Part of Prospero's "project" is to bring Miranda and Ferdinand together. At this point is Prospero's anger genuine or feigned? Explain why?

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pohnpei397's profile pic

pohnpei397 | College Teacher | (Level 3) Distinguished Educator

Posted on

Since you talk about Prospero's plan to bring Miranda and Ferdinand together, I assume you are talking about the part late in Act I Scene 2 where Prospero is acting as if he does not trust Ferdinand.  He accuses Ferdinand of coming to the island to steal it from Prospero.  This is the part where Prospero says

One word more. I charge thee

That thou attend me. Thou dost here usurp

The name thou owest not, and hast put thyself

Upon this island as a spy to win it From me, the lord on ’t.

I do not think that Prospero is truly angry here.  He has already shown us by this point in the scene that he really wants Miranda and Ferdinand to fall in love with one another.  So he surely is not really mad at Ferdinand -- he just wants Ferdinand not to feel too confident and he wants Ferdinand to feel he still has to prove himself to Miranda's father.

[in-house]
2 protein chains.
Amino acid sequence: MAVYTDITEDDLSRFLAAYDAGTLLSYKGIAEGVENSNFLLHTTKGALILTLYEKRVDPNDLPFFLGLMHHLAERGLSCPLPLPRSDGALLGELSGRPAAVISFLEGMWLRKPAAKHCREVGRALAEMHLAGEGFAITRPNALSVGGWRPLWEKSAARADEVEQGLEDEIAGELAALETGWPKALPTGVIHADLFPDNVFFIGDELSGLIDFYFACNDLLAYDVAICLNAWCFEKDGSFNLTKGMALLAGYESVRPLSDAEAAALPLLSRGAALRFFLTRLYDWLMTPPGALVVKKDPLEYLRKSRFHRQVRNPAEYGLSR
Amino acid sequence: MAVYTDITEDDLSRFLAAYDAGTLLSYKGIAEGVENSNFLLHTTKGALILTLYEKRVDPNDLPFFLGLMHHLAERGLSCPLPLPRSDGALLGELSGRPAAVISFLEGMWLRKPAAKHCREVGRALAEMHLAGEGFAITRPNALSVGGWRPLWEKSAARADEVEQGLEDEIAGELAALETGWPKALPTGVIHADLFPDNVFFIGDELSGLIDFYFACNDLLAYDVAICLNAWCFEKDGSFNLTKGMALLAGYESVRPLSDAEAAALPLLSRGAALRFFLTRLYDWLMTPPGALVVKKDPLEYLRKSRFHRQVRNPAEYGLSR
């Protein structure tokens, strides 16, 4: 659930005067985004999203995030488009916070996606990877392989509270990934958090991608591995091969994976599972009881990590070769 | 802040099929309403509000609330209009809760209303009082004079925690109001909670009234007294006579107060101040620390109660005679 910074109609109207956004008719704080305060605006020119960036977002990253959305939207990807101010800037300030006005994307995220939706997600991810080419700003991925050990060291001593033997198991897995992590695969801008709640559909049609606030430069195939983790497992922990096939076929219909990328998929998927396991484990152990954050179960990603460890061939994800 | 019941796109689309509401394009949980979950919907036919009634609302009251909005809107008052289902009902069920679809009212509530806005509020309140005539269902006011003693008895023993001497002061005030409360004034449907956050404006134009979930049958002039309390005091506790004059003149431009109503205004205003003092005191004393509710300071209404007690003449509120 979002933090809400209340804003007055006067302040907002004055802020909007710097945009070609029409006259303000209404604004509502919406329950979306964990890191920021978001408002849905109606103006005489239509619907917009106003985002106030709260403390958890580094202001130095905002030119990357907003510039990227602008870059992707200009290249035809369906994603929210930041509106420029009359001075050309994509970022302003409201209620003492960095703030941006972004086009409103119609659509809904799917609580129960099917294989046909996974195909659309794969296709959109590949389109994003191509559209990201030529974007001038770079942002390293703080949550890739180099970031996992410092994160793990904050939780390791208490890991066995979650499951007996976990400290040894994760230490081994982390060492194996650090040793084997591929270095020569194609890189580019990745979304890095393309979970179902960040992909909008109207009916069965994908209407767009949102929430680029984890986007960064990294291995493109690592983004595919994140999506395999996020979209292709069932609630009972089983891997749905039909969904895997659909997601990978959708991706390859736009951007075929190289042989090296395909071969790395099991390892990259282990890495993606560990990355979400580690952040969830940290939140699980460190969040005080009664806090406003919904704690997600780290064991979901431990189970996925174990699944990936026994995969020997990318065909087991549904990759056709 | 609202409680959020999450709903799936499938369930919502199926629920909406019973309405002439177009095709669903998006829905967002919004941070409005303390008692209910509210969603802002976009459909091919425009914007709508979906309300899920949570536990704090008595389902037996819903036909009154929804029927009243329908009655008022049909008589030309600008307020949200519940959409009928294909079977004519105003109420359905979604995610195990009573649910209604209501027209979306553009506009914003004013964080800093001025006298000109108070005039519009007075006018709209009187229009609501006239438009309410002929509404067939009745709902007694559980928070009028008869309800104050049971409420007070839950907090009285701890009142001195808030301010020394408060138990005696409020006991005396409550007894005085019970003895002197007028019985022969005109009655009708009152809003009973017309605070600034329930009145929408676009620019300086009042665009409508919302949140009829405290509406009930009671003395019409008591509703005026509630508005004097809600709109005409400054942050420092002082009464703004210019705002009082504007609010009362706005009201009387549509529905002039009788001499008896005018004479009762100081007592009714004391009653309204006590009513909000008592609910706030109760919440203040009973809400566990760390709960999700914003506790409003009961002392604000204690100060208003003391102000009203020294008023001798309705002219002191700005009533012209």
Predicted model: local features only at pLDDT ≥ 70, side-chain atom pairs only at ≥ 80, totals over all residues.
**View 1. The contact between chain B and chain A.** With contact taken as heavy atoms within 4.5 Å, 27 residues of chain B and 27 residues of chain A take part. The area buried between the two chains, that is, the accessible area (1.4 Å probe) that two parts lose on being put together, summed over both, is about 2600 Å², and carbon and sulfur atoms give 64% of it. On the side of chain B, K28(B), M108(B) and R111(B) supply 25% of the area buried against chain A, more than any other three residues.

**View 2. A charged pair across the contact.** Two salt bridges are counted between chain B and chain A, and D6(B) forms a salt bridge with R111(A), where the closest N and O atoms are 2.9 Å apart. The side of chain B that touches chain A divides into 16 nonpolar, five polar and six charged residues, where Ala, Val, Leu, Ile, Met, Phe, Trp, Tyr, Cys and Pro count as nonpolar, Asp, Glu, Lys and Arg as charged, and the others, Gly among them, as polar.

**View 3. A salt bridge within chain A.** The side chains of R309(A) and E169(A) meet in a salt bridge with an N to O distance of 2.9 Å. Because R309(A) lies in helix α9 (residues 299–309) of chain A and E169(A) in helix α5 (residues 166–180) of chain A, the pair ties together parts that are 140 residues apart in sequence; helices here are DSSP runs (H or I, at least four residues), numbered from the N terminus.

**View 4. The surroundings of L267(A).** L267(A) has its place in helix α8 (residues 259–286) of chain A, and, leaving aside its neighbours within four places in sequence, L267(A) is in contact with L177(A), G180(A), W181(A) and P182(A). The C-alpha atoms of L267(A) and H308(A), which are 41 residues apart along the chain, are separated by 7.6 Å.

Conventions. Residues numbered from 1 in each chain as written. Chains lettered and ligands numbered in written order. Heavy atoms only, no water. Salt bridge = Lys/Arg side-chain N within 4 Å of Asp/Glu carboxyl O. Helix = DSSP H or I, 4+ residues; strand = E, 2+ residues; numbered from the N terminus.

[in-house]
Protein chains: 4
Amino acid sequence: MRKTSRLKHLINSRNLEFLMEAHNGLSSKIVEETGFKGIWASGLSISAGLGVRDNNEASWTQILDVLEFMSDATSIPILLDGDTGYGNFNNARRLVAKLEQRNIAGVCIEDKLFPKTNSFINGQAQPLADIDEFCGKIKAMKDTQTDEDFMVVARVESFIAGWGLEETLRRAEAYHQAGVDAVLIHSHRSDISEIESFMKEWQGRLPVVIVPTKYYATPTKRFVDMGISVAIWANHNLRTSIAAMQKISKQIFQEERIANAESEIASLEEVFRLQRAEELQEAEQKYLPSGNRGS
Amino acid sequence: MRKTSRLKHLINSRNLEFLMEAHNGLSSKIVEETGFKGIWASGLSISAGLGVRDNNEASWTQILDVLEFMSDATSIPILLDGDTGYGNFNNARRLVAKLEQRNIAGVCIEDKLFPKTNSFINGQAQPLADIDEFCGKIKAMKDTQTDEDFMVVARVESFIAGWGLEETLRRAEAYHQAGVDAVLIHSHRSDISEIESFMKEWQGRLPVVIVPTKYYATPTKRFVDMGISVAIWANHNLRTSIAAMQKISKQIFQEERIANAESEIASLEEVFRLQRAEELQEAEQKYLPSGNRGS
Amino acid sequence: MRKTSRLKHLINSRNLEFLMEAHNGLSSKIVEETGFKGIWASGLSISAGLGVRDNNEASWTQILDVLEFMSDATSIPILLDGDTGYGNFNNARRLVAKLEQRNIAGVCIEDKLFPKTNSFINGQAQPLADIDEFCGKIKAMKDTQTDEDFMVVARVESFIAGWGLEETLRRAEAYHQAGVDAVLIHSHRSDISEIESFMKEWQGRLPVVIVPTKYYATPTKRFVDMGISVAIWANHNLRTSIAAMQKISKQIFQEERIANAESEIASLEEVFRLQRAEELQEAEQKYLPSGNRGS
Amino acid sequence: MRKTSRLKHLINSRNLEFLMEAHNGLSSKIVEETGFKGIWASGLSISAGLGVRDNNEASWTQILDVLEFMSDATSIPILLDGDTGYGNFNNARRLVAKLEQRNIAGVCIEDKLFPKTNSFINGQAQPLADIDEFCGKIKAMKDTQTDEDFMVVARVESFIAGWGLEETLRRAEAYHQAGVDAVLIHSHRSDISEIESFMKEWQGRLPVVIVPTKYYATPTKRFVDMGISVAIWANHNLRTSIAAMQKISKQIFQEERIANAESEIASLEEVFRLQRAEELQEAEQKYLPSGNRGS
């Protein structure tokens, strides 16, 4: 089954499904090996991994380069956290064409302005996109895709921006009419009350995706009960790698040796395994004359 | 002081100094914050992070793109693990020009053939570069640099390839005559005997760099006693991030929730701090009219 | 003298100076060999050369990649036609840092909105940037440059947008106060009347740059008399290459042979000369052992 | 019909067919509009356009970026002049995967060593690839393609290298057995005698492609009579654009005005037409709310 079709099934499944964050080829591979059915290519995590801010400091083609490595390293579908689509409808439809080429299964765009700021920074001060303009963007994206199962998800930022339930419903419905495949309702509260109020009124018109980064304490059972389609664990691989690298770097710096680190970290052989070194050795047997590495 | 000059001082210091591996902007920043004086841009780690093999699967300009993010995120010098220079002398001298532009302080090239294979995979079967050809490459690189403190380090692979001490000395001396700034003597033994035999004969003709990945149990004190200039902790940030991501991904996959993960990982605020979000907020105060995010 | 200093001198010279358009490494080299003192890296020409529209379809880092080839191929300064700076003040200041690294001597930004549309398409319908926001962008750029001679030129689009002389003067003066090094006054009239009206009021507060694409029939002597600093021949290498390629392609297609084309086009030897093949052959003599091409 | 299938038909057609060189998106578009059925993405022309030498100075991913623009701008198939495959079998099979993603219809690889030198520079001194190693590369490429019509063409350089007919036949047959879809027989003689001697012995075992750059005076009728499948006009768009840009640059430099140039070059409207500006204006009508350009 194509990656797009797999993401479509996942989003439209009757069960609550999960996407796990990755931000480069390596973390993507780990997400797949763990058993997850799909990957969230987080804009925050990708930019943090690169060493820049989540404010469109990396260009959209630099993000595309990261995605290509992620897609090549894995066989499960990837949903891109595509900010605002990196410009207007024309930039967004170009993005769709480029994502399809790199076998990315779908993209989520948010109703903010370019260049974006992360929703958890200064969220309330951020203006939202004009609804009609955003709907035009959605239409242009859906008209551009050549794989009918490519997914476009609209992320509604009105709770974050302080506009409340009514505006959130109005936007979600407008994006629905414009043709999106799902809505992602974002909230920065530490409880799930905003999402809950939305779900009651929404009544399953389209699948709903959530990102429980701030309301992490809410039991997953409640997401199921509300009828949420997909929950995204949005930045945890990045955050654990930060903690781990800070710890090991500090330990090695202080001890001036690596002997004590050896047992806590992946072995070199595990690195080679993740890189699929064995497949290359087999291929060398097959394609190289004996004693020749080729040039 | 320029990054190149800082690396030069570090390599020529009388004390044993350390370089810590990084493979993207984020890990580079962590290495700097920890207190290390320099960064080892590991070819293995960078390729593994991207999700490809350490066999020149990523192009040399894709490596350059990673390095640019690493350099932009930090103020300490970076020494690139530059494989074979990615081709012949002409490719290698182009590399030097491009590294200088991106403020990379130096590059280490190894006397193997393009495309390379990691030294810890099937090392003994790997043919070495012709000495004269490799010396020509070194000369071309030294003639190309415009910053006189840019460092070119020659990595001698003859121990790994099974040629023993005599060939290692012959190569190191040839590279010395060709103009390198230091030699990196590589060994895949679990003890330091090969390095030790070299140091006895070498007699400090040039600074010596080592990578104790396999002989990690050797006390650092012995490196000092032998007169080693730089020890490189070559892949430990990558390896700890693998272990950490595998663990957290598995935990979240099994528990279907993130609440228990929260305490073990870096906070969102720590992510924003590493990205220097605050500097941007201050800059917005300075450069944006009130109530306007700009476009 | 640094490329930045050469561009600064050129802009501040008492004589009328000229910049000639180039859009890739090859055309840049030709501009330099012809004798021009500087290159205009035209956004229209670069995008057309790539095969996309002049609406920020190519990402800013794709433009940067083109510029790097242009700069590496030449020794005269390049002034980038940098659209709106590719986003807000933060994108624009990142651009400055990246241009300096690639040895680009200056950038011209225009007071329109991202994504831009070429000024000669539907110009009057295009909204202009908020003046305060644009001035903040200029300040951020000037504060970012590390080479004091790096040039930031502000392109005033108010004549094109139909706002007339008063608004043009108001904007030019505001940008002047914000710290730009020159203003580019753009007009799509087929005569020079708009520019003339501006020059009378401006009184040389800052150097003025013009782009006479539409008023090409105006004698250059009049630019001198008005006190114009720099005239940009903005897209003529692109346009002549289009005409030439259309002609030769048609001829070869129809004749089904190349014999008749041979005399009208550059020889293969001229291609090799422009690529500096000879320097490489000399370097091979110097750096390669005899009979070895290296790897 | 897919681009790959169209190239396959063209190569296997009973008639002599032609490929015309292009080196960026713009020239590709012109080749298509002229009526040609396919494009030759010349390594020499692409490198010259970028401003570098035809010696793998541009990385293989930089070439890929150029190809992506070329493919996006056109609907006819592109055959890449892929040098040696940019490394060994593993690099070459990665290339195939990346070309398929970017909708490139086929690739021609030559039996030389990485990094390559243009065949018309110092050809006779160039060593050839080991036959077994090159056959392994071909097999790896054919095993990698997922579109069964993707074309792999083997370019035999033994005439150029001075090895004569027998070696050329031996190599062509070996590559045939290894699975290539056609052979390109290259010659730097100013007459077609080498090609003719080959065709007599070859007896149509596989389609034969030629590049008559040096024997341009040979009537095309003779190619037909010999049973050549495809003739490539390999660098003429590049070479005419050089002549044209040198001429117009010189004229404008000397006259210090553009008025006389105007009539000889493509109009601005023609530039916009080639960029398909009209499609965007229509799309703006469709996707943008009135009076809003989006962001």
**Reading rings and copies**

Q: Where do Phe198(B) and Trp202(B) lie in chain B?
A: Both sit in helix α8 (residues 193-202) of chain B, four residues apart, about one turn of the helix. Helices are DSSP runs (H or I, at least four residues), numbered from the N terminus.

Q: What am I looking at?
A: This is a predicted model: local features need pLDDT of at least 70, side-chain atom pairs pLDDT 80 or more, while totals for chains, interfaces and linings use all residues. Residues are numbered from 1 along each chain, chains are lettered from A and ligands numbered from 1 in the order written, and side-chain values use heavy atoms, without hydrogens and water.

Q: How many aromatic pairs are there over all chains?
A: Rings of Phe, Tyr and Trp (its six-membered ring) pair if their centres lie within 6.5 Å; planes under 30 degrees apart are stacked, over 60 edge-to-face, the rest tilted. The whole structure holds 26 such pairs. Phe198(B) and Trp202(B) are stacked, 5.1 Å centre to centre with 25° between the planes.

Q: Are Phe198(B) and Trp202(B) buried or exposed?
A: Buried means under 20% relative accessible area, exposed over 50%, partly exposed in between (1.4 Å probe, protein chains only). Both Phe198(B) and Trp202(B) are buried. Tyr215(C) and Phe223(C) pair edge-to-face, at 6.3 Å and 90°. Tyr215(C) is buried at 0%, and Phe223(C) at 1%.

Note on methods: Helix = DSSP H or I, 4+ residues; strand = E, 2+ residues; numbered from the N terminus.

lfawley's profile pic

lfawley | College Teacher | (Level 1) Associate Educator

Posted on

In order to answer your question, I need you to be a bit more specific! At what specific point in the play are you referring to in this question?

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